This is a documentary explaining the game of real life Quidditch and how there is a world of it that isn’t as commonly known as other sports. The Quidditch world is much deeper than I had anticipated. Having tournaments every year and spending hundreds of thousands of dollars, it is huge in the National College Level, and even growing internationally. This documentary explains how to navigate the Quidditch world in our day, how to play, how big it is, and how loyal its fan base is. It is very interesting.
I gave this documentary 4/5 stars because it really is entertaining to watch. Although at first I was skeptical, after watching this documentary, Quidditch became something exciting to me. The tournament they had was intense, and this sport really is growing. They even have a club here at BYU. I don’t think I would ever try and play this sport because it just looks too hard to me, but it is entertaining to watch and intense. There is some language in this documentary that viewers should be aware of going into it, but aside from that, it is totally clean.
Written by: Jeshua Osorio
This third part of the first book in the Avatar series is a continuation of the journey our favorite characters are taking to the Northern Water Kingdom. The bond between Aang, Katara, and Sokka continues to strengthen as they face incredible threats and make the world a better place. Each episode is a wonderful addition to the series and offers a fun story that helps watchers grow to love each character even more.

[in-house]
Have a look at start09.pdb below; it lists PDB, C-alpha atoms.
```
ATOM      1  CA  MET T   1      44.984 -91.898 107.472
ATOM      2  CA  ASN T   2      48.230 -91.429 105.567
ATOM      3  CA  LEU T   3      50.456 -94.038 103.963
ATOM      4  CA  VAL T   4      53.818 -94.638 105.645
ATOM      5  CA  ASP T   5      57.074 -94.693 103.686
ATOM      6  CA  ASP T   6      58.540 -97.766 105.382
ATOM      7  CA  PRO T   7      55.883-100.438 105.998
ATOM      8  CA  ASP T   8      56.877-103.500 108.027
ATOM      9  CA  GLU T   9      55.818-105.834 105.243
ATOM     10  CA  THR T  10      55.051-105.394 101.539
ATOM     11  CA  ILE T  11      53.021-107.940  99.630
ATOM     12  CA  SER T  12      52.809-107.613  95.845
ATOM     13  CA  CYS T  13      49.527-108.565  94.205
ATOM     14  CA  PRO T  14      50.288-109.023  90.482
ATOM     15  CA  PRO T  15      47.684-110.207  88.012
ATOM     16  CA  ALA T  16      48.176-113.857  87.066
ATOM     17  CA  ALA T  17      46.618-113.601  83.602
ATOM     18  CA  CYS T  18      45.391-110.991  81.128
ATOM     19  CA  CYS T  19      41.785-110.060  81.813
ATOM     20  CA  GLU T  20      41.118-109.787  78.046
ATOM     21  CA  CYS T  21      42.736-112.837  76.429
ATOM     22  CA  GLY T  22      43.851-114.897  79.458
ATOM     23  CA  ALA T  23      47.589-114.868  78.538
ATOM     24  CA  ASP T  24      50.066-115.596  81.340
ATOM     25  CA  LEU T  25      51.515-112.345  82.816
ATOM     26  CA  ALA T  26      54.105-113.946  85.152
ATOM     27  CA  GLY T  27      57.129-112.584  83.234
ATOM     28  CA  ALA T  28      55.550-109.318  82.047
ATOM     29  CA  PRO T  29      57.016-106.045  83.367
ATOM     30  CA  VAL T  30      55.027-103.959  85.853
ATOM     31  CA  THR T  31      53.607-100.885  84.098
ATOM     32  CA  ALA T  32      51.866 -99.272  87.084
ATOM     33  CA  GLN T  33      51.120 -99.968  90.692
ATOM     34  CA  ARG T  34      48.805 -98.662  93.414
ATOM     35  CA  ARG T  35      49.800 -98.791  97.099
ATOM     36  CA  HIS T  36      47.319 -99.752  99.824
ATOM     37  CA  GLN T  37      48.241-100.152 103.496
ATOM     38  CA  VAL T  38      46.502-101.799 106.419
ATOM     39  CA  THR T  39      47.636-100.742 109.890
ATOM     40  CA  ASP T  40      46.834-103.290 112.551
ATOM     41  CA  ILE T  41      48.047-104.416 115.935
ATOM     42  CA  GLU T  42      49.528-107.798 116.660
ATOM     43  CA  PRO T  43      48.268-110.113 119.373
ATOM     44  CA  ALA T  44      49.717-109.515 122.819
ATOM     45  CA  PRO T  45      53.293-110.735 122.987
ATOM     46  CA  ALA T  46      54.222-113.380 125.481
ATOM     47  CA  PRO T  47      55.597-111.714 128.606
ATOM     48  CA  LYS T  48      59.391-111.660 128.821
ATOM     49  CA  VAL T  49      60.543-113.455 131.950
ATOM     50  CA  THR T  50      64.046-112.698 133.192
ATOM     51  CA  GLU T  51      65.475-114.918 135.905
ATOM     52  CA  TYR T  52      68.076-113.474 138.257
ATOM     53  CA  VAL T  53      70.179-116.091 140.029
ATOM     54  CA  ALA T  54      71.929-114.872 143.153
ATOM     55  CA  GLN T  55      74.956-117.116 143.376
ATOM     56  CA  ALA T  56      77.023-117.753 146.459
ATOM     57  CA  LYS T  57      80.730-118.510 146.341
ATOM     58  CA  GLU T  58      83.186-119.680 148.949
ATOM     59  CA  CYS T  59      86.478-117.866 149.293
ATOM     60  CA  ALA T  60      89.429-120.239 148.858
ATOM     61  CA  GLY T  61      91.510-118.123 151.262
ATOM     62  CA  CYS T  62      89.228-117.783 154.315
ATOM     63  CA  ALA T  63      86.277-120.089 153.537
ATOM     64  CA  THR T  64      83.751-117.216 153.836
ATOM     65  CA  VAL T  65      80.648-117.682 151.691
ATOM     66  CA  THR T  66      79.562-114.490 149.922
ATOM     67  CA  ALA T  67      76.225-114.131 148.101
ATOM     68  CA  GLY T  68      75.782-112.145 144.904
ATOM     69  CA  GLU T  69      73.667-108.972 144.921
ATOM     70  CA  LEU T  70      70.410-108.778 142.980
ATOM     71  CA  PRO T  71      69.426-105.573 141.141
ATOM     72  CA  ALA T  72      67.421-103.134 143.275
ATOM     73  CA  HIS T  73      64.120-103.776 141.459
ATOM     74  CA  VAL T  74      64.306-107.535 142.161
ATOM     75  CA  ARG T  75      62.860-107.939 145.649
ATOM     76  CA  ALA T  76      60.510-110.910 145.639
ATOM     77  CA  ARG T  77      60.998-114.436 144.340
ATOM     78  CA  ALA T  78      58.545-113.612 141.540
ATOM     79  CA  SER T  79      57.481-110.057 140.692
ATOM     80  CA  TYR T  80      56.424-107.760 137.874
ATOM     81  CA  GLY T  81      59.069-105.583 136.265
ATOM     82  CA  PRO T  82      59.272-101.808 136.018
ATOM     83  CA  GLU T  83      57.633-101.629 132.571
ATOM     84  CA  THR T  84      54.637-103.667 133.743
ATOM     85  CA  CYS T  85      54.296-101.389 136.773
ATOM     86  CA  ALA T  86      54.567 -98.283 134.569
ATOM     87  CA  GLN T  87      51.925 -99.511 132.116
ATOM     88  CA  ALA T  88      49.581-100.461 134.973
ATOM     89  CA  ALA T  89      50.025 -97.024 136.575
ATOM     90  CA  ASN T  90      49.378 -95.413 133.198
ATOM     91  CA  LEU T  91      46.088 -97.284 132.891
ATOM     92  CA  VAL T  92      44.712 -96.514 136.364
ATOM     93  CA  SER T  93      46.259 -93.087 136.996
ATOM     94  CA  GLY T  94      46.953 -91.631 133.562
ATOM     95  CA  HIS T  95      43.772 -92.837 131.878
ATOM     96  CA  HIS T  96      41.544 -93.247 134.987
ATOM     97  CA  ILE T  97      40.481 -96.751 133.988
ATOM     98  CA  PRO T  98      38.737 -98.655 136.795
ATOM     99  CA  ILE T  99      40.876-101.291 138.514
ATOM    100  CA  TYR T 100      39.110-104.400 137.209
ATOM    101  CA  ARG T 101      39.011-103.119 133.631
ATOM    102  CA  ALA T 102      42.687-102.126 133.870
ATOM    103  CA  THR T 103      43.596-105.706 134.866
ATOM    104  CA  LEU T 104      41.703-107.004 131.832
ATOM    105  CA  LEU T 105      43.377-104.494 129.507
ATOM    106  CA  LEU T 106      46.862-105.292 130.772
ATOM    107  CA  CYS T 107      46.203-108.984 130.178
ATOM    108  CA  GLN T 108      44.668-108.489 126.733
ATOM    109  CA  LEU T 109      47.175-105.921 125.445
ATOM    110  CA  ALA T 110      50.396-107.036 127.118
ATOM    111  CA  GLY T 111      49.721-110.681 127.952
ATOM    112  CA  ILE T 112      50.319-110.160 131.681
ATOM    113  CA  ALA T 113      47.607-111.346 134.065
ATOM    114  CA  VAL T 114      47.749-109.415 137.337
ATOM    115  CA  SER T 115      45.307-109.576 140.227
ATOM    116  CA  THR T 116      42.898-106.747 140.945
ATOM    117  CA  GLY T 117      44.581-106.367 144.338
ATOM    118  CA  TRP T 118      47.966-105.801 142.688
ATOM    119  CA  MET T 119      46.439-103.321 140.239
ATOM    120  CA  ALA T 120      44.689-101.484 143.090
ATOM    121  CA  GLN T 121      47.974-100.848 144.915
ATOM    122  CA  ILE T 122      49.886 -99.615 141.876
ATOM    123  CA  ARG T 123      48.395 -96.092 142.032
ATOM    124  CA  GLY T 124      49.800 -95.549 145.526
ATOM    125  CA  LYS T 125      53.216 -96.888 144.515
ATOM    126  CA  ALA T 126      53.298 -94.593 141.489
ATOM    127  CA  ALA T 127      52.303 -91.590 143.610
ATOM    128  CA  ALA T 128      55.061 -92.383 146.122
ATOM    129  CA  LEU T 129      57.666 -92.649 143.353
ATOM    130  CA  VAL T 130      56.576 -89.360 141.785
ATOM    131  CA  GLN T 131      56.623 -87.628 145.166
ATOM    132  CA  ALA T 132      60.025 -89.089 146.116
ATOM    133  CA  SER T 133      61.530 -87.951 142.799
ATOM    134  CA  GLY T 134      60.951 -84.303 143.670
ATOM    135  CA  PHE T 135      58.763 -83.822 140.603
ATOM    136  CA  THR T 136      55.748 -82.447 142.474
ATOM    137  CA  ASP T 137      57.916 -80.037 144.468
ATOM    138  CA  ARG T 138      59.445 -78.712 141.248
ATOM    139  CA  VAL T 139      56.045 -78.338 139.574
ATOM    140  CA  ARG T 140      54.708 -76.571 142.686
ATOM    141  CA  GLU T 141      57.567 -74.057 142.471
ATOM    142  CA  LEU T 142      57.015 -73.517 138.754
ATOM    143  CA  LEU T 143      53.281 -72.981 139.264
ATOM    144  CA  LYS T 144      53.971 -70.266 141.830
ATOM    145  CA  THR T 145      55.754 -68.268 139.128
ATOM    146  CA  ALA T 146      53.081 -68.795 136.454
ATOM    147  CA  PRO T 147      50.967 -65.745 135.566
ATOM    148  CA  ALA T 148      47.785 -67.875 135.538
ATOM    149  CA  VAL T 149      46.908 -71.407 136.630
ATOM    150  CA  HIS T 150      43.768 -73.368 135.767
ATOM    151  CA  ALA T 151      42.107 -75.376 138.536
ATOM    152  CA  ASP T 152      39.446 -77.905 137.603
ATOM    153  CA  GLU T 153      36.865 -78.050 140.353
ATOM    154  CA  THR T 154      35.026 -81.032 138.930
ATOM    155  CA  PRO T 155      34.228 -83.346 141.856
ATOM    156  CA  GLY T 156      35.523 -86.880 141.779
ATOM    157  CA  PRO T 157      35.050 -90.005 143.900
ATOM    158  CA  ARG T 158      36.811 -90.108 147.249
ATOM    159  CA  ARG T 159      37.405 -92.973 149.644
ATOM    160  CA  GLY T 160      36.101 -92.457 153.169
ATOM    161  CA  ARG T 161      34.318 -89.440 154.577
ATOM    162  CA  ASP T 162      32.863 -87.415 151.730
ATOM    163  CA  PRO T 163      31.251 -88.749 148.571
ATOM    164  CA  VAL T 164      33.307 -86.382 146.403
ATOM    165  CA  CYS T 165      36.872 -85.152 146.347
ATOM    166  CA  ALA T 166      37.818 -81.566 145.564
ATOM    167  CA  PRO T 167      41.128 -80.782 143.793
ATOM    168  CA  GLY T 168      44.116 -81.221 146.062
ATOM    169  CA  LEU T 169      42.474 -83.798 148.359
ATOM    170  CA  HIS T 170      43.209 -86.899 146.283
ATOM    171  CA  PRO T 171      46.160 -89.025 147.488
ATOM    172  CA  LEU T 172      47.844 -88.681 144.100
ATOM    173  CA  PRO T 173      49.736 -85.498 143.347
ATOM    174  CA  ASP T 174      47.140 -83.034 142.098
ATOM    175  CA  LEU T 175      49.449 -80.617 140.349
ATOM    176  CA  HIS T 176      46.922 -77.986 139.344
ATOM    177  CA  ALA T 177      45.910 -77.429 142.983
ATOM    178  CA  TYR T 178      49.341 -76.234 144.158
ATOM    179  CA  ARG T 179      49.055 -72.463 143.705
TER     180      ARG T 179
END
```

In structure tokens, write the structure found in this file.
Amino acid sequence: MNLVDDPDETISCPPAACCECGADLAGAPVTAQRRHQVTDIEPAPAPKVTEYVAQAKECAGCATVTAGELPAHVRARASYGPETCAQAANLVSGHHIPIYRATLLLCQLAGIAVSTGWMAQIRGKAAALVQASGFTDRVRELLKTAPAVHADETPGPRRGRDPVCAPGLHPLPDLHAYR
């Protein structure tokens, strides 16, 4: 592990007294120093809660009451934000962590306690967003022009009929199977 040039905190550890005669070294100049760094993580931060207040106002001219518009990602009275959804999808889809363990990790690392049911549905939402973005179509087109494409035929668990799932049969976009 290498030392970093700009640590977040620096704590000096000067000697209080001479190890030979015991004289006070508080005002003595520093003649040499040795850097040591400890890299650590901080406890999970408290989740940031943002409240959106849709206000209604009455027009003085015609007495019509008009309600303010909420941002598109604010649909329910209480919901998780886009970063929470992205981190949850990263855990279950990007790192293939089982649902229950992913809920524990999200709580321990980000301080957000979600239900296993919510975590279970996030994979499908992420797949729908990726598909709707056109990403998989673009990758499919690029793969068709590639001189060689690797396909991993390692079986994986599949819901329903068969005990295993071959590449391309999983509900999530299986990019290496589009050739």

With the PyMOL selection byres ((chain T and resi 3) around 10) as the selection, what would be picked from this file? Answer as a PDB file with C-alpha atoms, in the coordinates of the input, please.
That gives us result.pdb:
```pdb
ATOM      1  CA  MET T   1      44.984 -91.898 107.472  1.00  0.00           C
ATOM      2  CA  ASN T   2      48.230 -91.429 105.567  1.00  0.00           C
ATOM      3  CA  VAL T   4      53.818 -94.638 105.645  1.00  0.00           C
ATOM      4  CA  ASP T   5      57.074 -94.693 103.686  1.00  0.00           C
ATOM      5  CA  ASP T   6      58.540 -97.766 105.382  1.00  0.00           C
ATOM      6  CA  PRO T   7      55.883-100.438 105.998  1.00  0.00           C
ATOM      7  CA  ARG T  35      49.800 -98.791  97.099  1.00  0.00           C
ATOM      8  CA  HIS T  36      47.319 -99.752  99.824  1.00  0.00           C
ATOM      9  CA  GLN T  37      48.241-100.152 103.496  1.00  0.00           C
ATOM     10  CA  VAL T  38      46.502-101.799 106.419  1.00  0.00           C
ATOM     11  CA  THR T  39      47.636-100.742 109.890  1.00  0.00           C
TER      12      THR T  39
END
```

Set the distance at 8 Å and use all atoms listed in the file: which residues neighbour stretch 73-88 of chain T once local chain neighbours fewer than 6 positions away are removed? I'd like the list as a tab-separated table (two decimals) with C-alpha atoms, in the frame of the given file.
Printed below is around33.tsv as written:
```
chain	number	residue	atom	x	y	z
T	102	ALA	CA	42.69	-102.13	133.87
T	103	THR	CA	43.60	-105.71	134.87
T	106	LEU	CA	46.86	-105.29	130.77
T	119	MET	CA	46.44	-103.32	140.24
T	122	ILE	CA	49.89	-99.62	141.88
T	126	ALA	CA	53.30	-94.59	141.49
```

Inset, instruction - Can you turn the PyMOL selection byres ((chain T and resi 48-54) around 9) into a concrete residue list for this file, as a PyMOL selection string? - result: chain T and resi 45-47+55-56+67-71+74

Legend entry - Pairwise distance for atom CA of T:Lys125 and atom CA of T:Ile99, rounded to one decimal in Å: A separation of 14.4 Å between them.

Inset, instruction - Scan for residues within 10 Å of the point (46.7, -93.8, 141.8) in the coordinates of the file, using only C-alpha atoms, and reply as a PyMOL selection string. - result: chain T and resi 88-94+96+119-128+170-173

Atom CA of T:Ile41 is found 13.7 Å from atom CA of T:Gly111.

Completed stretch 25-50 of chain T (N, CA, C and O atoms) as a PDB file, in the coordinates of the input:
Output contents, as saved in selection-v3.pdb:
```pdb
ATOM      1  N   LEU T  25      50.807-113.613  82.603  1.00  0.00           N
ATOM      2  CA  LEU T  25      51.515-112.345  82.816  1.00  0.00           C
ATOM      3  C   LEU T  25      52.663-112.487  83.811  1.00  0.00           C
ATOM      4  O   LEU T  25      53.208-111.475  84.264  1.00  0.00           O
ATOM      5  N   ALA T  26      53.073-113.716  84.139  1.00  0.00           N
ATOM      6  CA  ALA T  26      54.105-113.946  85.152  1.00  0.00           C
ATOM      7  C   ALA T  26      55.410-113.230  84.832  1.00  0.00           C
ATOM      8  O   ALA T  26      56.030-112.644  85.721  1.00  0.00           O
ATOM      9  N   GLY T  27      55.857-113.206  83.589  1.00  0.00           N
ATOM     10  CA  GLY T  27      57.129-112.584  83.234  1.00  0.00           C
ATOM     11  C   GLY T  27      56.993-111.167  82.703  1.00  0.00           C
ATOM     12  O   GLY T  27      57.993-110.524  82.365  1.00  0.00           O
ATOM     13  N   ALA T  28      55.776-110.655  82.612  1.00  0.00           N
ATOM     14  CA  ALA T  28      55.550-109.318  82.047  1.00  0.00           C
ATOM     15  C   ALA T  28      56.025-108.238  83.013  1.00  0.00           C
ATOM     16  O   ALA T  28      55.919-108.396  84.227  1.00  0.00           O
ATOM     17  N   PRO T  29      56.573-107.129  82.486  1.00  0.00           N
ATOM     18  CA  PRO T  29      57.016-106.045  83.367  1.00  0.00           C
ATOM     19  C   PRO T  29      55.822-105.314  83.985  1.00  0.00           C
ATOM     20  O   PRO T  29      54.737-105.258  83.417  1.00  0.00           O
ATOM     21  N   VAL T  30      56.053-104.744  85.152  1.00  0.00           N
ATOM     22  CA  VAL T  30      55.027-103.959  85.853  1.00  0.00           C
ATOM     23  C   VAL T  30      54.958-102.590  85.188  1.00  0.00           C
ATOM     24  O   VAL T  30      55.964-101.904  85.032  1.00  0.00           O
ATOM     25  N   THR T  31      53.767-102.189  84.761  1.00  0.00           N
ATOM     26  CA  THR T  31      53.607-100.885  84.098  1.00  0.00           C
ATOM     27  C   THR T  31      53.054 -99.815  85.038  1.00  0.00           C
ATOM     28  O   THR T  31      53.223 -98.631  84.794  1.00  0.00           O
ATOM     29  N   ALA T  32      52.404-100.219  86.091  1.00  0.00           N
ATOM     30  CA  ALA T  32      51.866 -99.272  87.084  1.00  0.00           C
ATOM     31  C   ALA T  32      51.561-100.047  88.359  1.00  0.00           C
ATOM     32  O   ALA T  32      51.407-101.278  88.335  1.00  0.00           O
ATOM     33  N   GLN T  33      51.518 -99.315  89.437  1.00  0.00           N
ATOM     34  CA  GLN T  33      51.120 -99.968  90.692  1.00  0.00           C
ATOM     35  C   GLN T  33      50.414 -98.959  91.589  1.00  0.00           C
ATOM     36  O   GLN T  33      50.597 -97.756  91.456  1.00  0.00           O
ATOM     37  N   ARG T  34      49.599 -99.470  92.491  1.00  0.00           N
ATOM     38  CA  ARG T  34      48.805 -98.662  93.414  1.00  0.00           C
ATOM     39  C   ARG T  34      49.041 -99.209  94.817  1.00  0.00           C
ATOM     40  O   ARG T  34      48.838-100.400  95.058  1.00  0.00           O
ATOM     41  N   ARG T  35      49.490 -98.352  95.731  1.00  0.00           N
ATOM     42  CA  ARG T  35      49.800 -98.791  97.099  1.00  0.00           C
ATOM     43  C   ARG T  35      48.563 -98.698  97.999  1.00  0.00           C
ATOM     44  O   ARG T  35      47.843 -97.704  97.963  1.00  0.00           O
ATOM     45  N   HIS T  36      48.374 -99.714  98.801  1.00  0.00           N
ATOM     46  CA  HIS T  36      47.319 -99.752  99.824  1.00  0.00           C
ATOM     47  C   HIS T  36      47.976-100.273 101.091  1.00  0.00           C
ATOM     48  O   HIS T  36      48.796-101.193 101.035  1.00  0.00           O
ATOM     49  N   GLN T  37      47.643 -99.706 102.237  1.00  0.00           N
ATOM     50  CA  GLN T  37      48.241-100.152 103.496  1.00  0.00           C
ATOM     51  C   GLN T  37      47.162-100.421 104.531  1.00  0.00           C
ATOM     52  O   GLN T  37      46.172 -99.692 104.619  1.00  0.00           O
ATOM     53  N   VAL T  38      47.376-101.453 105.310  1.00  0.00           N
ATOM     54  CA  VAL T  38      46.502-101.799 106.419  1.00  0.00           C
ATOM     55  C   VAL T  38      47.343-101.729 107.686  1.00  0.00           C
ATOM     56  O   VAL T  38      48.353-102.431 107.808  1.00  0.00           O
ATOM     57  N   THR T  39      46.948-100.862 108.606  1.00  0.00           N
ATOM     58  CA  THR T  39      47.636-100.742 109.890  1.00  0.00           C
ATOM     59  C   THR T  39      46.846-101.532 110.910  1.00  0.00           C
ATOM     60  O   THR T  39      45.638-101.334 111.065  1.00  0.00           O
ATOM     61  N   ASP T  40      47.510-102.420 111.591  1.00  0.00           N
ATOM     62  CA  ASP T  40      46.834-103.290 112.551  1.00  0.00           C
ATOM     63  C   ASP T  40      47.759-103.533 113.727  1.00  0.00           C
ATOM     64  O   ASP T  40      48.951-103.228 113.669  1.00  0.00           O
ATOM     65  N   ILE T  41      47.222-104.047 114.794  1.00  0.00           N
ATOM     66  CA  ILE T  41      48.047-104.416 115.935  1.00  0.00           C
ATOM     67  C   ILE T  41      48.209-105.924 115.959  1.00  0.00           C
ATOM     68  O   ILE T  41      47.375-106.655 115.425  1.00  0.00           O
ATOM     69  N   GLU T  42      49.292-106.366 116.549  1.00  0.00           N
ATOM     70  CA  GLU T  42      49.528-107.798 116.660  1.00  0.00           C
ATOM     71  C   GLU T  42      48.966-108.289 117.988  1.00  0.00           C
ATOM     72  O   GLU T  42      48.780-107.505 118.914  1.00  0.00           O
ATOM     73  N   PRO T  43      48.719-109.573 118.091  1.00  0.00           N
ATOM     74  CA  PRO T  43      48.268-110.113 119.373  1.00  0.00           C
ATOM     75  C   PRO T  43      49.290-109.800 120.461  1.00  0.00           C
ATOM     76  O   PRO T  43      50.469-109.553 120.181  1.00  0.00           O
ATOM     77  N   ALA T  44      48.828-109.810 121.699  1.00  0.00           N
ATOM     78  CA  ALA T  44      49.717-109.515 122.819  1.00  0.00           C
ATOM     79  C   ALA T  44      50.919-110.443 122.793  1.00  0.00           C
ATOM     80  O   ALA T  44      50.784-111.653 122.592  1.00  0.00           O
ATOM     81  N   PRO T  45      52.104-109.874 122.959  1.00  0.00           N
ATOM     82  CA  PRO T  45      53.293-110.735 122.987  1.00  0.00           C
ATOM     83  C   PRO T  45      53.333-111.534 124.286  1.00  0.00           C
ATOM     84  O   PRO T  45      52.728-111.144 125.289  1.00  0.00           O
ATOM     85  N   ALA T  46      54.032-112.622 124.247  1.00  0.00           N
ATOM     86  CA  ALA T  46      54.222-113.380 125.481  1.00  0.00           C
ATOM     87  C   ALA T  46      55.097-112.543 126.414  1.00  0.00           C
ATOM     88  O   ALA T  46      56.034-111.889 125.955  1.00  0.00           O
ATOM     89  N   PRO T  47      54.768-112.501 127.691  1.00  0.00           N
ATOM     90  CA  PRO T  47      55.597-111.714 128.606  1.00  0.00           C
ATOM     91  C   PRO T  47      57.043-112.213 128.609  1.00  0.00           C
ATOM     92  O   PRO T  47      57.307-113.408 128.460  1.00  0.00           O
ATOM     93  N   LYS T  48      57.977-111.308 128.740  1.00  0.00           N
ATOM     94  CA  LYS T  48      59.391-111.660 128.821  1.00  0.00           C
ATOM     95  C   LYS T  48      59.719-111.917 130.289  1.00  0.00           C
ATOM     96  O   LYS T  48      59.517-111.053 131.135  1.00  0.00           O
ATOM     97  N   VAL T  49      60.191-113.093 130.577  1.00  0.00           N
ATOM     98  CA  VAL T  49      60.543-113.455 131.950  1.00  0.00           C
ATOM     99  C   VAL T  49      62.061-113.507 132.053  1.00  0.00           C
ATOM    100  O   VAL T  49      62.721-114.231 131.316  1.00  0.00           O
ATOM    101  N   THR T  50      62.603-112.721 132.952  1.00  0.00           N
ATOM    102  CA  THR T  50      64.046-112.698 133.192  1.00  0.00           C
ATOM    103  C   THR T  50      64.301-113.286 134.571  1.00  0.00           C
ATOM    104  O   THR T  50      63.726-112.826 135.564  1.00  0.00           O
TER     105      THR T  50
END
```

This part of the Avatar series is a wonderful example of why this television series is so widely known and enjoyed. The characters are so loveable and the character development is so well done. This final part of the first book in the series is packed with fun adventures that watchers get deeply pulled into. The ever-present lesson of the joy that comes from doing what is right is a wonderful basis for many of the episodes. I think that everyone should watch this show.
Written by: Jeff Stolk
The Swan Princess (PN 1995.9 .A53 S93 2005 pt. 1) is a classic princess fairy tale about a young prince and princess who have been arranged to be married since childhood. Although resilient at first, they fall desperately in love. Princess Odette is then taken captive at an enchanted lake and put under a spell that turns her into a swan. With the help of a few animal friends she makes at the enchanted lake, they devise a plan to not only return her to her normal princess self, but to also save the kingdom from the evil sorcerer who put her under the spell.